"Places in the Art" is another animal entirely. It's the first esaay in The Resistance, a fifteen and a half page manifesto of sorts on then current Hollywood representations of African-Americans, first published in the December 1984 issue of Film Comment. It's also too sprawling and complicated an essay to sufficiently discuss in a posting we originally wanted to keep at palatable length (so much for that!), but the basic idea is to deflate or else take to task the flawed portrayals of African-Americans, their struggles, and the issue of race in America as rendered in such middle-brow fare as Places in the Heart, Moscow on the Hudson, An Officer and a Gentleman, and A Soldier's Story. The contributions of Sidney Poitier, the films of Martin Ritt, and the persona and Purple Rain project of Prince are all singled out for their ability to resist -- that's right -- trite characterizations and simplistic understandings of society, and instead forge ahead with pride, intelligence, and astute reasoning with their truer visions of racial relationships and identities. "Places in the Art" is, dare I say it, the best piece we've ever read by AW, a full realization of the ideas only briefly alluded to in The Resistance's intro and an understandably upset voicing of African-Americans' invisibility or else problematic marginal roles in post-Poitier Hollywood. One great moment:
Usually present onscreen only as stereotype or efficient caricature, a black character is often hard to react to. Is the gang of punks in Dressed to Kill threatening -- apart from being Black? Is the film's screaming cleaning lady a comical Black hysteric or just simply frightened? In King of Comedy is Diahann Abbott a thief because she is Black or because some other motivation was left on the cutting-room floor? Are the killings of Frank McRae in Red Dawn and Scatman Crothers in The Shining plot necessities or racist conveniences? The stunted history of Black presentation in movies confuses most interpretations when the characterizations are sketchy or incidental. The past conditions us to have prejudiced responses that disrupt a film and make suspicious some filmmaker's [sic] intentions.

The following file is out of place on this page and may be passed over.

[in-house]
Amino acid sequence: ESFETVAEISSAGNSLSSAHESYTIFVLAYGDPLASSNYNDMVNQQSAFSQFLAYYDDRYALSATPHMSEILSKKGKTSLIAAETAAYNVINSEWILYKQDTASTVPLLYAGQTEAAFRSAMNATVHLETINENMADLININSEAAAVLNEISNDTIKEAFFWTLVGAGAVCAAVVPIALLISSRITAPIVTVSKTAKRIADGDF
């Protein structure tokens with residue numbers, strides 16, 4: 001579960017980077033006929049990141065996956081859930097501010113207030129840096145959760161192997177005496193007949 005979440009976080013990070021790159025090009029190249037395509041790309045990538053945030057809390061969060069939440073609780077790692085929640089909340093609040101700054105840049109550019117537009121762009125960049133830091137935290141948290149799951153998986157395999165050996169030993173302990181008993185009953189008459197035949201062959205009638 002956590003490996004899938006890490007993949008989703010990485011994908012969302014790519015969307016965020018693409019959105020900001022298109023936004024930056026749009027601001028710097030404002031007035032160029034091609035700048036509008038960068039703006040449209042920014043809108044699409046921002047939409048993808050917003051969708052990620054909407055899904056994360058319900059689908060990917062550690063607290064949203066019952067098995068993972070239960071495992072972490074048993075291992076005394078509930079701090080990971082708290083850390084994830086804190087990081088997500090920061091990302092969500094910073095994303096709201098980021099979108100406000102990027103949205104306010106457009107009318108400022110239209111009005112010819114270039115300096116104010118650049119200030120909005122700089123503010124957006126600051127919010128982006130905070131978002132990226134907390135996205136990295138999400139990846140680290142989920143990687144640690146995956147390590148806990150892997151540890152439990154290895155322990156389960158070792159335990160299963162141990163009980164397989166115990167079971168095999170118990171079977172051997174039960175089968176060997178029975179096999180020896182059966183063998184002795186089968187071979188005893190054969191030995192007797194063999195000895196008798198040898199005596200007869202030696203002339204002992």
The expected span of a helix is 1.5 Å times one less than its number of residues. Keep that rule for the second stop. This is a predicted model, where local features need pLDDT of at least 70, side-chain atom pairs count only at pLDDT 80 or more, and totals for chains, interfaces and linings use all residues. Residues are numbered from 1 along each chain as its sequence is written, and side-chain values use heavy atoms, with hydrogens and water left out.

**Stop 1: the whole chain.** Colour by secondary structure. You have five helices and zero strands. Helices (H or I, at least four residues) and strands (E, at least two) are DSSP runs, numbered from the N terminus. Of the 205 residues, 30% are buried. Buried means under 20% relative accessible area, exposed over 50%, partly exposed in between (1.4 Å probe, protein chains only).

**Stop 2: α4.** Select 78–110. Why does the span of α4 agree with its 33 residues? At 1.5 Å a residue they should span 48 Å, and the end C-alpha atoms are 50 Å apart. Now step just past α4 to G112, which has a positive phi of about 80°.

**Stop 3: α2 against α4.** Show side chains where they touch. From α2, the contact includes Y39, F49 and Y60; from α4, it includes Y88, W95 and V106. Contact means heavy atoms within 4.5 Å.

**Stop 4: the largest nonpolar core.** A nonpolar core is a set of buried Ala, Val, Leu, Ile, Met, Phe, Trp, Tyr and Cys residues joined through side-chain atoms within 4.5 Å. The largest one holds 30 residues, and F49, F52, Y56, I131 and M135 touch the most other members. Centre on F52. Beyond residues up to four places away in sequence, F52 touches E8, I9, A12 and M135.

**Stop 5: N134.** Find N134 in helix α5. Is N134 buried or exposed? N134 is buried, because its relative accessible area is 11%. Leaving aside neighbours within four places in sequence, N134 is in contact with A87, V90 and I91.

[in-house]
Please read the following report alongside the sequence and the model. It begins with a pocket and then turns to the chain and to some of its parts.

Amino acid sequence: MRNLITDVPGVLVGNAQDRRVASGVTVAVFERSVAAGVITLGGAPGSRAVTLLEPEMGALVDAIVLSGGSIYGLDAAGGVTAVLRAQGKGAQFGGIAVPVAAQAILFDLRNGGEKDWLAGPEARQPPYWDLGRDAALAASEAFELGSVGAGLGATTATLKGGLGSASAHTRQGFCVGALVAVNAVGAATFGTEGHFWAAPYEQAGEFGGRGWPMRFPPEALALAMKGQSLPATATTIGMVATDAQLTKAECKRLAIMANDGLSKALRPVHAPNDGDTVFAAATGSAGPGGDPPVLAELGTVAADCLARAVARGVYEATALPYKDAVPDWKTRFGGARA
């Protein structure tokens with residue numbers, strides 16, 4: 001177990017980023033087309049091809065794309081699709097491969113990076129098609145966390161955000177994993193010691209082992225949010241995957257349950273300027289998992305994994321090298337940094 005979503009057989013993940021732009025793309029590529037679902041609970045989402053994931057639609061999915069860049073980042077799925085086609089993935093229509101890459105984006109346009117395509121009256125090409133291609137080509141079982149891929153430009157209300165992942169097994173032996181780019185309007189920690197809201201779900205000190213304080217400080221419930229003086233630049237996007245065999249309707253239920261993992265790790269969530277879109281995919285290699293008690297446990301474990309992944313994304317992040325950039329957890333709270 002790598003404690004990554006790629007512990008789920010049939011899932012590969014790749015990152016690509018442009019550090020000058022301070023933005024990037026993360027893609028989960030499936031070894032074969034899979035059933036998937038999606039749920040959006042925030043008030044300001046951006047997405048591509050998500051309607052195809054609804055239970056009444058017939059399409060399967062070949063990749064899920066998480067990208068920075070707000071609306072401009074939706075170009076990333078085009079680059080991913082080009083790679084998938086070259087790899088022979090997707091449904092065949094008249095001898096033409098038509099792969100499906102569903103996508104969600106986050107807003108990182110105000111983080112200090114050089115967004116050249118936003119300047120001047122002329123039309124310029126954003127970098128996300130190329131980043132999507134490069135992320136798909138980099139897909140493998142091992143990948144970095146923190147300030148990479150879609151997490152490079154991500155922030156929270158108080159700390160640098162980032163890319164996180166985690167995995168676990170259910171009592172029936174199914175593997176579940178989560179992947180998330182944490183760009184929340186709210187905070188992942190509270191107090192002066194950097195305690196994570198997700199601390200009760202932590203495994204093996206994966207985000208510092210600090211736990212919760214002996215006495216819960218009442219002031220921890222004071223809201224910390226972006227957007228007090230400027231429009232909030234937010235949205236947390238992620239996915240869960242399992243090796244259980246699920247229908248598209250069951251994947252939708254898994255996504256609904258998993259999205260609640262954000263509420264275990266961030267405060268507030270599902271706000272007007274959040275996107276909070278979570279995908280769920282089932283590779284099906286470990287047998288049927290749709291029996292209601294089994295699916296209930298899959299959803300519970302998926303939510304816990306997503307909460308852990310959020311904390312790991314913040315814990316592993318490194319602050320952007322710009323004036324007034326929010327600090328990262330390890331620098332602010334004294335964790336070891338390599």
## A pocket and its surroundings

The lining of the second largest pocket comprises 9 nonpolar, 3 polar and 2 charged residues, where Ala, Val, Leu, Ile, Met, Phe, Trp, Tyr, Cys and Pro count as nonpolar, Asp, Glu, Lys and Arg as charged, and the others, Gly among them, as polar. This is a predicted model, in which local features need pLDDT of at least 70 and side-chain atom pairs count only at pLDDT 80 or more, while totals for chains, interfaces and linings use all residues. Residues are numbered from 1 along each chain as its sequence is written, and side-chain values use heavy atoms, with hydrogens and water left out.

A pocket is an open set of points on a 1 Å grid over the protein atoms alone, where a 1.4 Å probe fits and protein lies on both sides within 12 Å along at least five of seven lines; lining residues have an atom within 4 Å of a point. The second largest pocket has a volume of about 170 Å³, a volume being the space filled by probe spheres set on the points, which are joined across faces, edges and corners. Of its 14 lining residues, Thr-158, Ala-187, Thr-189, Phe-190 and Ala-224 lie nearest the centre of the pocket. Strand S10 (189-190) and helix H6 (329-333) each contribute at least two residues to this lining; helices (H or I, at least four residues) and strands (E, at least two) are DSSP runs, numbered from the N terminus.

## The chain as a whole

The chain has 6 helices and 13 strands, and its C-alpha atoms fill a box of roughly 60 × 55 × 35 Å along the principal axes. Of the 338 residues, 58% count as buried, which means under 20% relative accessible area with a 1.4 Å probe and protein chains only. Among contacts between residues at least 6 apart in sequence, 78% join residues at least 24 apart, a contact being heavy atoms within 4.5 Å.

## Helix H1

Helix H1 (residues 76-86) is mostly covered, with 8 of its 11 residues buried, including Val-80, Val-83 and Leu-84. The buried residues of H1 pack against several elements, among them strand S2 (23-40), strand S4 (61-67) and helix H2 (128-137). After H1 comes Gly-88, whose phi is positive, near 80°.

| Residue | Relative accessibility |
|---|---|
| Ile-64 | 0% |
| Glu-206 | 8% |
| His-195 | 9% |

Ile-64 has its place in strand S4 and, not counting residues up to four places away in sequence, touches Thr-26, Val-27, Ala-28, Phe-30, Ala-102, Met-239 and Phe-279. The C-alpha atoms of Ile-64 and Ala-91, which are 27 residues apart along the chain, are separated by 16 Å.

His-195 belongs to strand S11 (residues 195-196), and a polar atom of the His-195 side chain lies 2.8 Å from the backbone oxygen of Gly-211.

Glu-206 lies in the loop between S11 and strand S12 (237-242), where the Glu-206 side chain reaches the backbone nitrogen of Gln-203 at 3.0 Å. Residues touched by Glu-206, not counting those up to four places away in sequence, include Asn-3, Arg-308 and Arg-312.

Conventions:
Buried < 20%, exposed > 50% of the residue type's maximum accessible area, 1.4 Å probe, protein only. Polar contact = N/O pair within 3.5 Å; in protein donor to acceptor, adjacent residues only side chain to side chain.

All pertinent inquiries. While White misses or fails to address certain points, most notably in his too ecstatic -- gotta practice what you preach -- celebration of Purple Rain and Sparkle at the expense of ignoring what it might mean that two of his rare endorsements of progressive representations of African-Americans might be construed as "African-American as natural song-and-dance man (or woman)" stereotypes (and the puzzling sentence "The objectification of performance in this setting seizes and vanquishes the aesthetic problem of beauty and appearance -- the last frontier of movie acceptance" and its subsequent explanation just doesn't cut it), for the most part his analysis is a still-needed commentary on how far not just Hollywood but also African-Americans working within the industry (his calling out of post-Live in Concert Richard Pryor and movie idol Eddie Murphy is spot-on) had and have to go in providing adequate depictions of a people that even at the end of 2006 remain the big screen's most conspicuous absence.